We are not lawyers. We do not provide legal advice. And we never experienced a genuine lawsuit while expanding into the US. But for this problem, and other reasons, we avoid what we think is the first mistake ecommerce entrepreneurs and online businesses make when considering expanding into the US.

Mistake #1: Incorporating a US-based company (using a service like Stripe Atlas or without general legal counsel.

For the record, we are users and promoters of both these companies & services.

But taking advantage of their inexpensive and frictionless way of incorporating a US-based company, without getting advice, is a mistake.

Problem 2: Shipping Costs and Customs.

Shipping to the US is easy. As long as you want your product delivered to US Customs Border Control and not your end customer.

This is really two separate problems that come from the single cause of shipping across borders.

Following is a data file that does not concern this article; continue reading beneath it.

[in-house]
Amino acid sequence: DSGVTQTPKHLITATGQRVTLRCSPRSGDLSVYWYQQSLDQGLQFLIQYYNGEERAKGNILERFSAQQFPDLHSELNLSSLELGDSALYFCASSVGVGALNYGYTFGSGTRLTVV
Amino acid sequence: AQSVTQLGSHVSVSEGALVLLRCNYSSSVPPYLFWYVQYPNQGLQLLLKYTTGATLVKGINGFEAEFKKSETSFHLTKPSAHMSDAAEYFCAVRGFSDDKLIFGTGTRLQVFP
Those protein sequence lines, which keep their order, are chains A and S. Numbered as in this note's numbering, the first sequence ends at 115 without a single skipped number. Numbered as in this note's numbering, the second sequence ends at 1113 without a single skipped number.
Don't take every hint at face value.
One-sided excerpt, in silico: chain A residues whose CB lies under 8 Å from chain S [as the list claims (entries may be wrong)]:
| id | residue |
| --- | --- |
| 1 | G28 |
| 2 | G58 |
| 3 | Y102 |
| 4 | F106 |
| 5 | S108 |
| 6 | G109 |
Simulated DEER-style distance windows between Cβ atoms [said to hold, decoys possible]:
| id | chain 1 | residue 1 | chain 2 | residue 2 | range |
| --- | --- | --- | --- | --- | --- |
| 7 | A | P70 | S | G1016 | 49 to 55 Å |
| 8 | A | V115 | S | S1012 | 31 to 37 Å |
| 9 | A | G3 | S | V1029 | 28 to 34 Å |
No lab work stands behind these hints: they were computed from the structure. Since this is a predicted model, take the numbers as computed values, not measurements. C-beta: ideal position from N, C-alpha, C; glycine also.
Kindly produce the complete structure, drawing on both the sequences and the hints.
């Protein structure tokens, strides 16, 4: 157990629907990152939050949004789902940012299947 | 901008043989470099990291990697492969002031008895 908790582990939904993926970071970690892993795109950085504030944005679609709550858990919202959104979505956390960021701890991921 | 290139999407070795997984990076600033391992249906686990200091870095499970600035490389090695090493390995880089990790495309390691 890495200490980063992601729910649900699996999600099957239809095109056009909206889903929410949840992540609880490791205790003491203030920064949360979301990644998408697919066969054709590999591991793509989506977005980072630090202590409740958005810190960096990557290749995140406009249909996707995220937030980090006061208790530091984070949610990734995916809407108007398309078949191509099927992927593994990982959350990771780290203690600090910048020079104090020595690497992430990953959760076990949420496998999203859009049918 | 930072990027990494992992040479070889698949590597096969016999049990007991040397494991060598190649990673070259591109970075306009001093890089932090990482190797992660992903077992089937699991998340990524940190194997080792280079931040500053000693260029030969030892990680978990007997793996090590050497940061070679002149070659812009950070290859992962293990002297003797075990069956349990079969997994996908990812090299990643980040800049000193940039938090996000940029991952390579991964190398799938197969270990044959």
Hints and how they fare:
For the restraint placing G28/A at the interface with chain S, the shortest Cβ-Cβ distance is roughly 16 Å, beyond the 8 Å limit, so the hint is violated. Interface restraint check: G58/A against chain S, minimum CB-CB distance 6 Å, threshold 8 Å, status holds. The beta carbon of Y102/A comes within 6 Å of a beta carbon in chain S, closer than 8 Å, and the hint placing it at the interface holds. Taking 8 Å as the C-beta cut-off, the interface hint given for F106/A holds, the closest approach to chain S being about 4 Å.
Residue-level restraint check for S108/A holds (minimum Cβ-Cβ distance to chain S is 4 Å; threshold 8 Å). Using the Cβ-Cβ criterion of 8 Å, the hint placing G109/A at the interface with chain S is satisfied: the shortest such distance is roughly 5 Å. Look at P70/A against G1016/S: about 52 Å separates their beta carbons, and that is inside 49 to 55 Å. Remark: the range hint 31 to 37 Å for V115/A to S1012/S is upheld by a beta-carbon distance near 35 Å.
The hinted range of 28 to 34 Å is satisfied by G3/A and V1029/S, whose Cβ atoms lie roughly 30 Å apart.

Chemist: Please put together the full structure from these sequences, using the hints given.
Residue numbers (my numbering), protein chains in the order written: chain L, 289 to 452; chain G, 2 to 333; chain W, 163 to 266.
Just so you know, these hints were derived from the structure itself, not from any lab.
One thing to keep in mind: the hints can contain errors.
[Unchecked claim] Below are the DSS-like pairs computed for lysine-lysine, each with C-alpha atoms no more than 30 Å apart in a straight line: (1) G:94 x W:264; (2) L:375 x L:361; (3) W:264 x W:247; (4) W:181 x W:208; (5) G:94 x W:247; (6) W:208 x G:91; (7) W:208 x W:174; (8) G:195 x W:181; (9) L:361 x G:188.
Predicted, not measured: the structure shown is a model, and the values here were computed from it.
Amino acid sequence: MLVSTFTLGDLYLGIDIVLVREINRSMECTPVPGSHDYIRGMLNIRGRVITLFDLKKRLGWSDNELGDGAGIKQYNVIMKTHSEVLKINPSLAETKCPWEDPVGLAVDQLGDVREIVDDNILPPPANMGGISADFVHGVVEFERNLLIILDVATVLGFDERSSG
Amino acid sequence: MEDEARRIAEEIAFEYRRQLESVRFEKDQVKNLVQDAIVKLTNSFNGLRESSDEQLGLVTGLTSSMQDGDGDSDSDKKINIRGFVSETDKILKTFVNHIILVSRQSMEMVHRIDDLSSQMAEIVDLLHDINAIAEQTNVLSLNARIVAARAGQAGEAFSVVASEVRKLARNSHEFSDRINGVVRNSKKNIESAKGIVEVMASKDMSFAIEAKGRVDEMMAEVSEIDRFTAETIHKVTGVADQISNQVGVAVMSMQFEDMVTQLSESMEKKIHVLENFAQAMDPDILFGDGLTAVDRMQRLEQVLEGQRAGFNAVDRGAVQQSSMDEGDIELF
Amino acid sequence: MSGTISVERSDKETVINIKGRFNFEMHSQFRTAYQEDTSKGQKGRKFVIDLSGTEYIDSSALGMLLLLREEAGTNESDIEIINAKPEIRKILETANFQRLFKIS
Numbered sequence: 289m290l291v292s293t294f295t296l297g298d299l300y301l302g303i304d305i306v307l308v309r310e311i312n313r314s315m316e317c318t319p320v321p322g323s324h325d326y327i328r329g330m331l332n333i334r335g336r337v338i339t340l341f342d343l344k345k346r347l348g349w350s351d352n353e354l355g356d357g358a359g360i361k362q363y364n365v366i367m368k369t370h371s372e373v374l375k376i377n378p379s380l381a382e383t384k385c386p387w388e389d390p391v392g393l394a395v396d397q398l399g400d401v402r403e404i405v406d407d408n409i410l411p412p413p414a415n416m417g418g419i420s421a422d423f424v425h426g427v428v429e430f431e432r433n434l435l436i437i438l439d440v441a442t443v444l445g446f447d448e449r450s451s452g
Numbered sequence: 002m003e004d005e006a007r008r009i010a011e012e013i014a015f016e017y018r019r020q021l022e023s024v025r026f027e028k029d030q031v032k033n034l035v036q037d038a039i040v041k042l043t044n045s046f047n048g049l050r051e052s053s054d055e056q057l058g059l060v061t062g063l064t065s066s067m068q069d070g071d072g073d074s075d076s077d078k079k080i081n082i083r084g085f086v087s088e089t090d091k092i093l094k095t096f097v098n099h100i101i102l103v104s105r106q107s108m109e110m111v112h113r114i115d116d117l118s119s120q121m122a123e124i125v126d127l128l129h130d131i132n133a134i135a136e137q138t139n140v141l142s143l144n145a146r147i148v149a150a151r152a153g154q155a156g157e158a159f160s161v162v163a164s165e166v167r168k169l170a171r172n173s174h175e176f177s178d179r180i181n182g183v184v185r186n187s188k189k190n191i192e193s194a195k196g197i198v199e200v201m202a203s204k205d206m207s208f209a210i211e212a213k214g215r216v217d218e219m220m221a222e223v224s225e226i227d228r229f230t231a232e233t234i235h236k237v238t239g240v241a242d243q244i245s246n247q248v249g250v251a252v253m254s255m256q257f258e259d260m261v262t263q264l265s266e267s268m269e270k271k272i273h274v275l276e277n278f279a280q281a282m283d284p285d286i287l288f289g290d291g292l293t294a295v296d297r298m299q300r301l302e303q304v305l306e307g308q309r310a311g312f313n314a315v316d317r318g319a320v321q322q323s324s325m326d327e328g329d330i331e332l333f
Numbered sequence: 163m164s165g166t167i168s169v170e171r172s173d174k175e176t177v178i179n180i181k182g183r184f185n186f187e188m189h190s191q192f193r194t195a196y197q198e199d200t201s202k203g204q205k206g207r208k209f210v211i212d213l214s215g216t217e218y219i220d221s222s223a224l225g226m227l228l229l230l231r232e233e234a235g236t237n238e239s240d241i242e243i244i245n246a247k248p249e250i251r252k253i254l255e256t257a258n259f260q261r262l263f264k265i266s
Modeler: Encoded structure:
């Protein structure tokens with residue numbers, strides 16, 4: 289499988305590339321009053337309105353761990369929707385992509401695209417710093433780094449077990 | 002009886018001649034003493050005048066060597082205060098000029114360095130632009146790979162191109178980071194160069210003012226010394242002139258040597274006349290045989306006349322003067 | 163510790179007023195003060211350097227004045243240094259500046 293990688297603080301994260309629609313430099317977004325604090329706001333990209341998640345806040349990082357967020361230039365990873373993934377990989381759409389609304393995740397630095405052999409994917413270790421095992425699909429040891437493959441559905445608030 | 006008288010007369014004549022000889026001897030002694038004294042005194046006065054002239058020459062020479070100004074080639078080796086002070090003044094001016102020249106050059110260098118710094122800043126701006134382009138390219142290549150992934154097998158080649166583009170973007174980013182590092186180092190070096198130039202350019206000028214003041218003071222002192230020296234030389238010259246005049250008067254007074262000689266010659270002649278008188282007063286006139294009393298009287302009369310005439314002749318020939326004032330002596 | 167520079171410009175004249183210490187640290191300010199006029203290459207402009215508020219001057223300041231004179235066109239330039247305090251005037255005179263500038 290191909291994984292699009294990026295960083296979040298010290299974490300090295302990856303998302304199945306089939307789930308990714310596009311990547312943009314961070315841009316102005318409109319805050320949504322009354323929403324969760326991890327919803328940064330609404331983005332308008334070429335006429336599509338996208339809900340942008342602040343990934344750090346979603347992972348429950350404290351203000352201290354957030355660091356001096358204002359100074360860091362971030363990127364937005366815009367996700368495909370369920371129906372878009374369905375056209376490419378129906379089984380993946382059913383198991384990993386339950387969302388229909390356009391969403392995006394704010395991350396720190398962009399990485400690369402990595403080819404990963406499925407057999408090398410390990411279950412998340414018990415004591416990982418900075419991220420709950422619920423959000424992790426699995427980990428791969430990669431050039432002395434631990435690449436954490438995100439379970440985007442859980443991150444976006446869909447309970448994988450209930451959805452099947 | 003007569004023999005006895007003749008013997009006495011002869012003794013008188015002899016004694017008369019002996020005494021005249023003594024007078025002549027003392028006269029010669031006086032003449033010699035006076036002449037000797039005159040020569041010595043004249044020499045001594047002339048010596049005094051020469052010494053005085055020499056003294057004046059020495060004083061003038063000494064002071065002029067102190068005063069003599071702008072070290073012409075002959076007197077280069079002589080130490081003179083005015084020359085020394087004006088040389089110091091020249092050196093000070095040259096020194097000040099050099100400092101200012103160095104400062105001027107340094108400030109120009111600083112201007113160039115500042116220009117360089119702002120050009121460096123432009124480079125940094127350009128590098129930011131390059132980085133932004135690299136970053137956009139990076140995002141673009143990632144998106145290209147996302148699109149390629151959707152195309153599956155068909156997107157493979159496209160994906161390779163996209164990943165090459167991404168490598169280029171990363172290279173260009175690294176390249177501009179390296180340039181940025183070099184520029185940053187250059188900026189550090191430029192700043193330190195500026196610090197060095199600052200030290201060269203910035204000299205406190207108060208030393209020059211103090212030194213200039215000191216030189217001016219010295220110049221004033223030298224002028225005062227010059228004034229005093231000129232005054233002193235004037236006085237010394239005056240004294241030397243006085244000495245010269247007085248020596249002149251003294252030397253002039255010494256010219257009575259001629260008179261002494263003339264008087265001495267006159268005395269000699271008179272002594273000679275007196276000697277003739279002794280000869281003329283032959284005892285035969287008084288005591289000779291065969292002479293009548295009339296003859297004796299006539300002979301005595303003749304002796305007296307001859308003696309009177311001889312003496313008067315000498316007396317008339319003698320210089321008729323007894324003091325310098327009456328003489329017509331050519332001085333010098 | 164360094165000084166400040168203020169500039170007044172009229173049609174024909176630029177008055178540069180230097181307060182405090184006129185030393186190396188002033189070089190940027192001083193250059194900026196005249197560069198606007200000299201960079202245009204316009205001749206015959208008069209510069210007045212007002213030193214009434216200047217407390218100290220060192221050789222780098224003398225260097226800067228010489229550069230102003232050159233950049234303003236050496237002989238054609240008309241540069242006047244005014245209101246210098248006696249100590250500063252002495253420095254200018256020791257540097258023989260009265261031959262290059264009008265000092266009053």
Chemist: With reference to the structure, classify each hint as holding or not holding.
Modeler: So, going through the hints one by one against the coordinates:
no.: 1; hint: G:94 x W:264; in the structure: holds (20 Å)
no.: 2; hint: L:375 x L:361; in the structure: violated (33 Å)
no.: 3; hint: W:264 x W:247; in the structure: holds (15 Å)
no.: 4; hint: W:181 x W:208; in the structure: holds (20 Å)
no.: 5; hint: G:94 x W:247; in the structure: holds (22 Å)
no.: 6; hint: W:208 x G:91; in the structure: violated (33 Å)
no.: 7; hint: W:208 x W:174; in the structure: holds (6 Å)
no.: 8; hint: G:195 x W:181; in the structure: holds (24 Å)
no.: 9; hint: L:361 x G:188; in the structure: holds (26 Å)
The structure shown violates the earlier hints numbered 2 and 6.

But the effortlessness of shipping in the Netherlands and the ease of crossing country borders doesn't extend to the US. Even if you did use the German-based international logistics giant like

VS: Misschien...Nooit?

Once stopped, you end up being asked for product categories and import classifications. The standard line of 'taxes and duties' can turn into weeks of delay. You can probably guess the end effect on your customer satisfaction and your hard-earned reviews.

Obviously, the costs to ship a low-cost product to the US kills the profit from a US customer. So shipping from Europe to the US doesn't work for small order amounts. You'll hear that from anyone who has tried.